I have tried many, many, many times to lose weight and failed each time. The first step was to deal with the chronic depression I'd been suffering for decades. Once that was healing, I started logging every bite I eat on MyFitnessPal.com, even before I was on any particular diet. It was shocking how much the simple awareness of what you are eating helps you limit yourself.
Now I'm on a low-carb diet (about 10% of my daily calories coming from carbs), which has dramatically reduced my cravings. No sugar, or wheat. I've started really loving salads, though I need to increase my consumption of other non-starchy vegetables.
I also got a FitBit (a fancy pedometer), which I wear all day long, and I try to just increase the number of steps I take in a day. Right now I can't do much more exercise than that.
Lost 10lbs in 5 weeks. Age 50.
[quote]Some days I "reward" myself with a nice meal just for putting up with some of the insufferable assholes I deal with.
That's what i would do: reward myself with food. I'm trying to move away from that, because it is what puts on the pounds. For the people who've lost weight, how do you deal with the hunger? It drives me nuts. Also does anyone have a recipe for a power bar that's good and nutritious? Most of the store bought ones seem to be de facto candy bars. Way too much sugar.
r119, good work! and good luck. I knew a woman who lost a ton of weight just by walking. She told me the secret was just blocking out a chunk of time and doing it. For that hour or so she'd try to think of nothing else except walking.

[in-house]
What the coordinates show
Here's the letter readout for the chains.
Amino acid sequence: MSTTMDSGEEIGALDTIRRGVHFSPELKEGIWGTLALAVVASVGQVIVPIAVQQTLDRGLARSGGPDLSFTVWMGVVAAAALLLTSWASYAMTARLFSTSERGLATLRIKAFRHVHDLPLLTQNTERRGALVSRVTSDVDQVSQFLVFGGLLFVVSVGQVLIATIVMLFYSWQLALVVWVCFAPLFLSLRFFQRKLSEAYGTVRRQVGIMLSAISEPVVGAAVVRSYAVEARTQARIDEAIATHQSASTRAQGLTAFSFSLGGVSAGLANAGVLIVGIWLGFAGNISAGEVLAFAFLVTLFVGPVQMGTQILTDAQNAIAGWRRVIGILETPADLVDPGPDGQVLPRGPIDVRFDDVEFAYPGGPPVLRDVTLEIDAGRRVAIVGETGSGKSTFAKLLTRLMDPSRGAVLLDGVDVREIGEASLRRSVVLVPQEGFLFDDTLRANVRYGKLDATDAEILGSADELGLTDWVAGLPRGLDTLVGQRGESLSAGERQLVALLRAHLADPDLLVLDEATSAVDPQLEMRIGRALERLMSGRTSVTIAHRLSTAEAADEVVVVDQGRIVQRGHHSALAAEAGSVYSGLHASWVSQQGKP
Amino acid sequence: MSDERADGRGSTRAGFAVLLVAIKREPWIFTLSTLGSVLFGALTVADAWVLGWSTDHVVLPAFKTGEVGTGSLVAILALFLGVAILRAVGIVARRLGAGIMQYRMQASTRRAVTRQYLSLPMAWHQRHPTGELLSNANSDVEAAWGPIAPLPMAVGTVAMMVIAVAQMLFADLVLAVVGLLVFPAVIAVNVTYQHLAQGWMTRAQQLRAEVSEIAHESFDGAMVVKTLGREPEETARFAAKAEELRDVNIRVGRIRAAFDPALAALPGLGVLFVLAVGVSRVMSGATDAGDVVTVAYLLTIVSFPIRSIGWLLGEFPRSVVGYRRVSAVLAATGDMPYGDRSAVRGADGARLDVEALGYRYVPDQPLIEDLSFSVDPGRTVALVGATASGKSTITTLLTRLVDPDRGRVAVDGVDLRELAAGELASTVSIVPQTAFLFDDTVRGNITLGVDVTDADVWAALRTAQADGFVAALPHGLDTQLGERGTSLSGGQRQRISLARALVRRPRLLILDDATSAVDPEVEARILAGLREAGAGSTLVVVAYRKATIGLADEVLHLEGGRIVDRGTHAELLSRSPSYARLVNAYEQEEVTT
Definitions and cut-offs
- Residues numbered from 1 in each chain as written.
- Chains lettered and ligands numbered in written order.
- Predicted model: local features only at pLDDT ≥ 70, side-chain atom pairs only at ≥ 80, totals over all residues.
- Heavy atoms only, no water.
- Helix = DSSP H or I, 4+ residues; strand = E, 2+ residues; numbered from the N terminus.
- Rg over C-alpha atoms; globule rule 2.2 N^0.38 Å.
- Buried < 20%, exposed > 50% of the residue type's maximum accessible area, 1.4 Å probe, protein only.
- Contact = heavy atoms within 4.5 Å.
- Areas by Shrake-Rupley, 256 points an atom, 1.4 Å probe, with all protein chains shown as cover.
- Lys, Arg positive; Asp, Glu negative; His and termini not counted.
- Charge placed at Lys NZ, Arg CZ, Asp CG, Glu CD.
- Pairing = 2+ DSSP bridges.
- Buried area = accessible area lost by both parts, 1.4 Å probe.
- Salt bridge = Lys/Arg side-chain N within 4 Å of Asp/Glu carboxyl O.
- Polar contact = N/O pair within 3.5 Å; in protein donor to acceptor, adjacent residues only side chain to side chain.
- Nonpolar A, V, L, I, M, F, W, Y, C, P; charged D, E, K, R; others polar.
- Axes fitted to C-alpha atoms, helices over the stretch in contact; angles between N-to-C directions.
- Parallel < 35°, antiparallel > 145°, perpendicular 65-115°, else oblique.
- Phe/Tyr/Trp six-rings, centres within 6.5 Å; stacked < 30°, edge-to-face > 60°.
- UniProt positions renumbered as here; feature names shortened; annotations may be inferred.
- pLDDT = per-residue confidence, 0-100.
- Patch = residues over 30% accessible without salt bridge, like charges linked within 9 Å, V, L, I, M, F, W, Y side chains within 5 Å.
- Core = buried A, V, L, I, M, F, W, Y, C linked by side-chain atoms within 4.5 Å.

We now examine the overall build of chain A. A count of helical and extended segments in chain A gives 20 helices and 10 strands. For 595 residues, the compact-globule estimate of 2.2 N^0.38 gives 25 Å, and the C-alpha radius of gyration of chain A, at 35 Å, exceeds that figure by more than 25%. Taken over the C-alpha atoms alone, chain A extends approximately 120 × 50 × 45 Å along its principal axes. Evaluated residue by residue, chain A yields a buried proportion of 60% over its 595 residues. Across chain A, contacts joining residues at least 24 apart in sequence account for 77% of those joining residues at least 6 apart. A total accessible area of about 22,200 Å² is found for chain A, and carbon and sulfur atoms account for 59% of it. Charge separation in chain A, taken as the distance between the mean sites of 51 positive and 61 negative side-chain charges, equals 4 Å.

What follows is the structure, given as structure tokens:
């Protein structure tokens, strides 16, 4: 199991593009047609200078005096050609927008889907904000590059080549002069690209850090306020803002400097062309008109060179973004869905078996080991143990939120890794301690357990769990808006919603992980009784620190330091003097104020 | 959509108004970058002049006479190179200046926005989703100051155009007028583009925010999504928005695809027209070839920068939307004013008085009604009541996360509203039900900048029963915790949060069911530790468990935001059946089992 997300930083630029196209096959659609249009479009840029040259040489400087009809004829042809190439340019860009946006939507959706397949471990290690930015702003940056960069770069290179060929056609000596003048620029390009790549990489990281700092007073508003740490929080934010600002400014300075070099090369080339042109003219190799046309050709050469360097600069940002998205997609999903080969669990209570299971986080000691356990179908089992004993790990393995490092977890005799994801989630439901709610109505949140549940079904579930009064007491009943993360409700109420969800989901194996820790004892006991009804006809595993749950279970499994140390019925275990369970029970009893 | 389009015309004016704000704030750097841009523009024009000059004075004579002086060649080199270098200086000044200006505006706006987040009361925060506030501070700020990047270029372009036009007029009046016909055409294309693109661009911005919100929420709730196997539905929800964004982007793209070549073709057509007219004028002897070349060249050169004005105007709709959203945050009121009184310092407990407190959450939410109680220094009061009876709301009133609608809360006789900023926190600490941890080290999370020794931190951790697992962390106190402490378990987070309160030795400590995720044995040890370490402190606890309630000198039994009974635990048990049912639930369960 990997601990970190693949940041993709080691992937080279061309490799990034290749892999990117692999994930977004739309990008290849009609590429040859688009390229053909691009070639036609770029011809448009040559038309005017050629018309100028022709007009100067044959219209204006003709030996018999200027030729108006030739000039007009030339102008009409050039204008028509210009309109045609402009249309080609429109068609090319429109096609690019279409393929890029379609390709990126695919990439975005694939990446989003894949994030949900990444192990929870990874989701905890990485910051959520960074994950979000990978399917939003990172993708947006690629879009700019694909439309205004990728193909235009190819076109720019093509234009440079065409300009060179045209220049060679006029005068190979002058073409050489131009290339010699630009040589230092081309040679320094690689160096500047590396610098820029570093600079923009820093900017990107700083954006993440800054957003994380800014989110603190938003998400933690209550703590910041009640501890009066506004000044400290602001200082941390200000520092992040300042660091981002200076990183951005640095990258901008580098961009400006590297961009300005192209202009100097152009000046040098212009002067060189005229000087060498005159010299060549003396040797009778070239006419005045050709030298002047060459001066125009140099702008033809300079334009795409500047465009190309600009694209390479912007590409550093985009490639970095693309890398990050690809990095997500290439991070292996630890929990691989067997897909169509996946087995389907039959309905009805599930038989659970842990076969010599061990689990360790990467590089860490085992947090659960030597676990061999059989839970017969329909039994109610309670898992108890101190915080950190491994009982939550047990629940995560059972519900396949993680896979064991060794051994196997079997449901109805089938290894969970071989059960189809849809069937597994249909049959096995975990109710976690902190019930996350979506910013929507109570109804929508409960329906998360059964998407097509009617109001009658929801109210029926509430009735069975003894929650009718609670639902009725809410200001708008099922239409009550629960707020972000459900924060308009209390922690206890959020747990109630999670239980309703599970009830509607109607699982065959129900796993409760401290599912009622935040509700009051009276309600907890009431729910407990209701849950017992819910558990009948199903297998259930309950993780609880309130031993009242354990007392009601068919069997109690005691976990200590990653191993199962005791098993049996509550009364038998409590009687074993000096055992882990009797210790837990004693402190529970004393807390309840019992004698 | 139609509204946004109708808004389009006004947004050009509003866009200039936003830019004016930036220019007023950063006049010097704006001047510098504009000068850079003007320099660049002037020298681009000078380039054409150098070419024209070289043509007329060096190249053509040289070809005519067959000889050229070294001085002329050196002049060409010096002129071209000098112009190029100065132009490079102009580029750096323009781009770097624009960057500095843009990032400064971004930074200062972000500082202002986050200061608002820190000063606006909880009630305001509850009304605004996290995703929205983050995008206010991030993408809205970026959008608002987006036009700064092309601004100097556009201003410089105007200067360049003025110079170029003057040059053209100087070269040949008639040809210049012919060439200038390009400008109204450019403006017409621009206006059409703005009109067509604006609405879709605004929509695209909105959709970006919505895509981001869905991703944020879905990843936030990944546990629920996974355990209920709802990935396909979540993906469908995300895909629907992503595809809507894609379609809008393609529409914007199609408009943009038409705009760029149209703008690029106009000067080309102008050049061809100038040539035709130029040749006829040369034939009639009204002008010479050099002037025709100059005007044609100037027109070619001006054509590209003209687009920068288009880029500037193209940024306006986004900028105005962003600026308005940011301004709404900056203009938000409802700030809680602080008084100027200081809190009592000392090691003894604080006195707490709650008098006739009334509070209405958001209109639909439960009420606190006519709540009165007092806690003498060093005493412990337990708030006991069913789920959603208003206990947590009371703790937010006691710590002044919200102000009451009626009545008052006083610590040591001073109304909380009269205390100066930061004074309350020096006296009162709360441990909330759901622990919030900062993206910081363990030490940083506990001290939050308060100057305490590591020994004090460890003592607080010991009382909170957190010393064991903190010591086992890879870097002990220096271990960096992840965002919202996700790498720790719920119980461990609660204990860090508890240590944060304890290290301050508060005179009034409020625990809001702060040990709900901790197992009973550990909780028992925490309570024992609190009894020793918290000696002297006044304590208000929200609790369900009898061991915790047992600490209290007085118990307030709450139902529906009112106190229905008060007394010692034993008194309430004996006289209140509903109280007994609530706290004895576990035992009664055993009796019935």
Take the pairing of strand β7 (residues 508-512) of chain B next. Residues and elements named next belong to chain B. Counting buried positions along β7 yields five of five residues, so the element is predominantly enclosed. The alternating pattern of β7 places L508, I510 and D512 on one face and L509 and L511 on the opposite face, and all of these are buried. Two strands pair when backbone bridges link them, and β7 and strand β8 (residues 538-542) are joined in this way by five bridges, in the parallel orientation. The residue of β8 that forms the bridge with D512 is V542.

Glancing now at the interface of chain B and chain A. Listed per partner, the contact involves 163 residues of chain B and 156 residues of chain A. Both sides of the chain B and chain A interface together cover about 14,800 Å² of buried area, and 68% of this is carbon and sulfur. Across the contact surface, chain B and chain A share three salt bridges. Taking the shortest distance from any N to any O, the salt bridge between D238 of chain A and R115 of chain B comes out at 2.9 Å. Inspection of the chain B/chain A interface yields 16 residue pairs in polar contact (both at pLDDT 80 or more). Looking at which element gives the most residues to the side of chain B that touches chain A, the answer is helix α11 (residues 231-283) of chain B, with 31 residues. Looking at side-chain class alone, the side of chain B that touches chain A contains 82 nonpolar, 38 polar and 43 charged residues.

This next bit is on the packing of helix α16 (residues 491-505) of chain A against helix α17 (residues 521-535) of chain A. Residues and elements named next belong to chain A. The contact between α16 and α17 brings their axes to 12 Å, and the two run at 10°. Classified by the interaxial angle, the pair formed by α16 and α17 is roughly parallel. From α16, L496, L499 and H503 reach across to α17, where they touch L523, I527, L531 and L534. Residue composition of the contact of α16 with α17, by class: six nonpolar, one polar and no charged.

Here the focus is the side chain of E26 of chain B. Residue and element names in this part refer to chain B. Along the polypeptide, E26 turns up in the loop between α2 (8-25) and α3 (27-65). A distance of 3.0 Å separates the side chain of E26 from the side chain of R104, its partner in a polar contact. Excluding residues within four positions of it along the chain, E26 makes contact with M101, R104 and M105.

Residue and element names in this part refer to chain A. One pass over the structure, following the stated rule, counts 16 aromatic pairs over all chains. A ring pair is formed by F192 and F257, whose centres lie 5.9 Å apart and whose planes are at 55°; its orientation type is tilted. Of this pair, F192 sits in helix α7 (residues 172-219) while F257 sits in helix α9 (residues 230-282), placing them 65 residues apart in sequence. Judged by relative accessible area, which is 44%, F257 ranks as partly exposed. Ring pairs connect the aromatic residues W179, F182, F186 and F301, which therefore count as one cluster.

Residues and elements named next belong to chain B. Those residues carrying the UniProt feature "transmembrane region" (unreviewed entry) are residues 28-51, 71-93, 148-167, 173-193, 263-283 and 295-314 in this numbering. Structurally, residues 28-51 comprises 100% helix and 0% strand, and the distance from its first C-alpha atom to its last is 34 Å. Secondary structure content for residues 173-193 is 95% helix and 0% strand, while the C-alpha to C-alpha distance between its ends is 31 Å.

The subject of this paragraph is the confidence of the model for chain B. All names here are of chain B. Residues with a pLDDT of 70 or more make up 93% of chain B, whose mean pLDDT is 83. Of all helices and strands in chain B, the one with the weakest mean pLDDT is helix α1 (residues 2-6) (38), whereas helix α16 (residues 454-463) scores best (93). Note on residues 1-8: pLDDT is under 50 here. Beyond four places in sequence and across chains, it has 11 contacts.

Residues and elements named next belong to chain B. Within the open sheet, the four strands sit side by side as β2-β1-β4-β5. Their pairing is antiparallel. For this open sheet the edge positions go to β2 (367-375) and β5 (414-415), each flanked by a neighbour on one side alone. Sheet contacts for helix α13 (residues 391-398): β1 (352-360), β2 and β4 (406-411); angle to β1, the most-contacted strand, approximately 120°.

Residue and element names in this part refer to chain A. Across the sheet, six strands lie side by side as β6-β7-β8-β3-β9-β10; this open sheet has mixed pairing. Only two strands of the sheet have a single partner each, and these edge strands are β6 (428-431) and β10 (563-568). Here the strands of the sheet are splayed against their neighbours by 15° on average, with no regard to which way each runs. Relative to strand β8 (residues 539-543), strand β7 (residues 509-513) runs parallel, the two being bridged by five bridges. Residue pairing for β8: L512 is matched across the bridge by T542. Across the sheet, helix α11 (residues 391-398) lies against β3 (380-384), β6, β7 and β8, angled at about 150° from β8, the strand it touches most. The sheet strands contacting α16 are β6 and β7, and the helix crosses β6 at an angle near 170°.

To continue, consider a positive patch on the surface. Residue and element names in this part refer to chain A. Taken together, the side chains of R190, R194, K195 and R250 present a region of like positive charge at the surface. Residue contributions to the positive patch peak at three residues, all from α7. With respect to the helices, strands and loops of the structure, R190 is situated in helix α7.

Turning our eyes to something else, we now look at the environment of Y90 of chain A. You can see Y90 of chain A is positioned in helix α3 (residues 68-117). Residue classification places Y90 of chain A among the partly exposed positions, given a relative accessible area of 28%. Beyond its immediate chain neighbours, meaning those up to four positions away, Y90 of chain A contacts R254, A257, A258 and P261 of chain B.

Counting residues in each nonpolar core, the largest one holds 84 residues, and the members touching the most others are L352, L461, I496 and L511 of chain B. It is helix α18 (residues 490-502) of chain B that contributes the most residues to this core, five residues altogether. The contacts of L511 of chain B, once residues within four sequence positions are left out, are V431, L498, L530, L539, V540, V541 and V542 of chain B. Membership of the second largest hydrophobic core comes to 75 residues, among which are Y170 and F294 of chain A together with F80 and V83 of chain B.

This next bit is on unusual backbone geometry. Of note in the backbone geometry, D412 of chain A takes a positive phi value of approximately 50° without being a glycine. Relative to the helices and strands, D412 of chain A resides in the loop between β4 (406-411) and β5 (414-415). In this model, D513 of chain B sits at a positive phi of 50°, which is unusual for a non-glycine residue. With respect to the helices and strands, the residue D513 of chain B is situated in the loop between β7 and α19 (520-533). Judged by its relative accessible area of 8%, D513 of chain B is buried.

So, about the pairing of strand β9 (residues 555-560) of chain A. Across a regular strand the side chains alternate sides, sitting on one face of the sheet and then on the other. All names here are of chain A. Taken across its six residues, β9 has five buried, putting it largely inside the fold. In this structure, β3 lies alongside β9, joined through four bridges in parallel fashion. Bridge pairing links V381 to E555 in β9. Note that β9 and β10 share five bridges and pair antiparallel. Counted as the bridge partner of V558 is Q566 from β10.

[quote]For the people who've lost weight, how do you deal with the hunger? It drives me nuts.
Cutting your carbs below 100g a day (even better if you can get them below 65g) will knock out your hunger like you wouldn't believe. Then, when you DO get hungry, it will be because your stomach is legitimately empty instead of because your blood and brain chemistry is being jerked around.
Lost another 2. Down 33.
Anyone watch Weight of the Nation?
What is working for me is #1 Completely cutting out sugar #2 Weight lifting and resistance training.
I did r129. It was a bit of a snooze. Didn't really learn anything new so far. And the dissections of hearts and aortas were a little stomach-turning.
I love the female walking buddies toward the end who'd each lost 100 lbs. They were great and very inspirational.
Have lost 15 lbs in 7 weeks and still haven't started any kind of exercise yet.
My diet consists of eating 5-6 small meals a day. Humans evolved to eat all day and stay in "burn mode" instead of "store as fat mode," unlike other mammals who live off a few kills per month.
NO "white foods" (starch and high-carb) like bread, pasta, potatoes, corn, white rice; minimal carbs except fresh fruit; lots of green and 'vegetables of color' with low-fat proteins like small, lean steaks, skinless chicken, fish, tree nuts in reasonable doses, canned beans, or tofu. Egg white omlettes with maybe one yolk only. Non-fat dairy only (milk, yogurt, cottage cheese). Occasionally eat brown rice or multi-grain bread. No alcohol or sweetened drinks.
I add onions, garlic, and herbs or spices when I cook. When I don't cook, I'll have a Weight Watcher's type frozen entree and add fresh broccoli or asparagus boiled in some broth for flavor. Takes 5 minutes.
I'm NEVER hungry and try to plan as many meals as possible so I don't end up getting takeout or grabbing junk snacks or eating big hunks of cheese.
I don't like salads unless smothered with blue cheese dressing and croutons, so I substitute some shredded cabbage, carrots, and raisins with vinegarette.
My gourmet cooking days are over.
Am age 50 and hope to lose another 20 lbs by maintaining this diet and incorporating walking a 3-4 times times a week for a half-hour.
here's a secret: you CAN eat bread but only wheat sourdough, toasted. It is the only bread allowed in macrobiotics, as it is fermented and fermented foods are excellent for weight loss.
to reward yourself and have a real treat: have sourdough toast--it doesn't feel "dietic" and is true comfort food.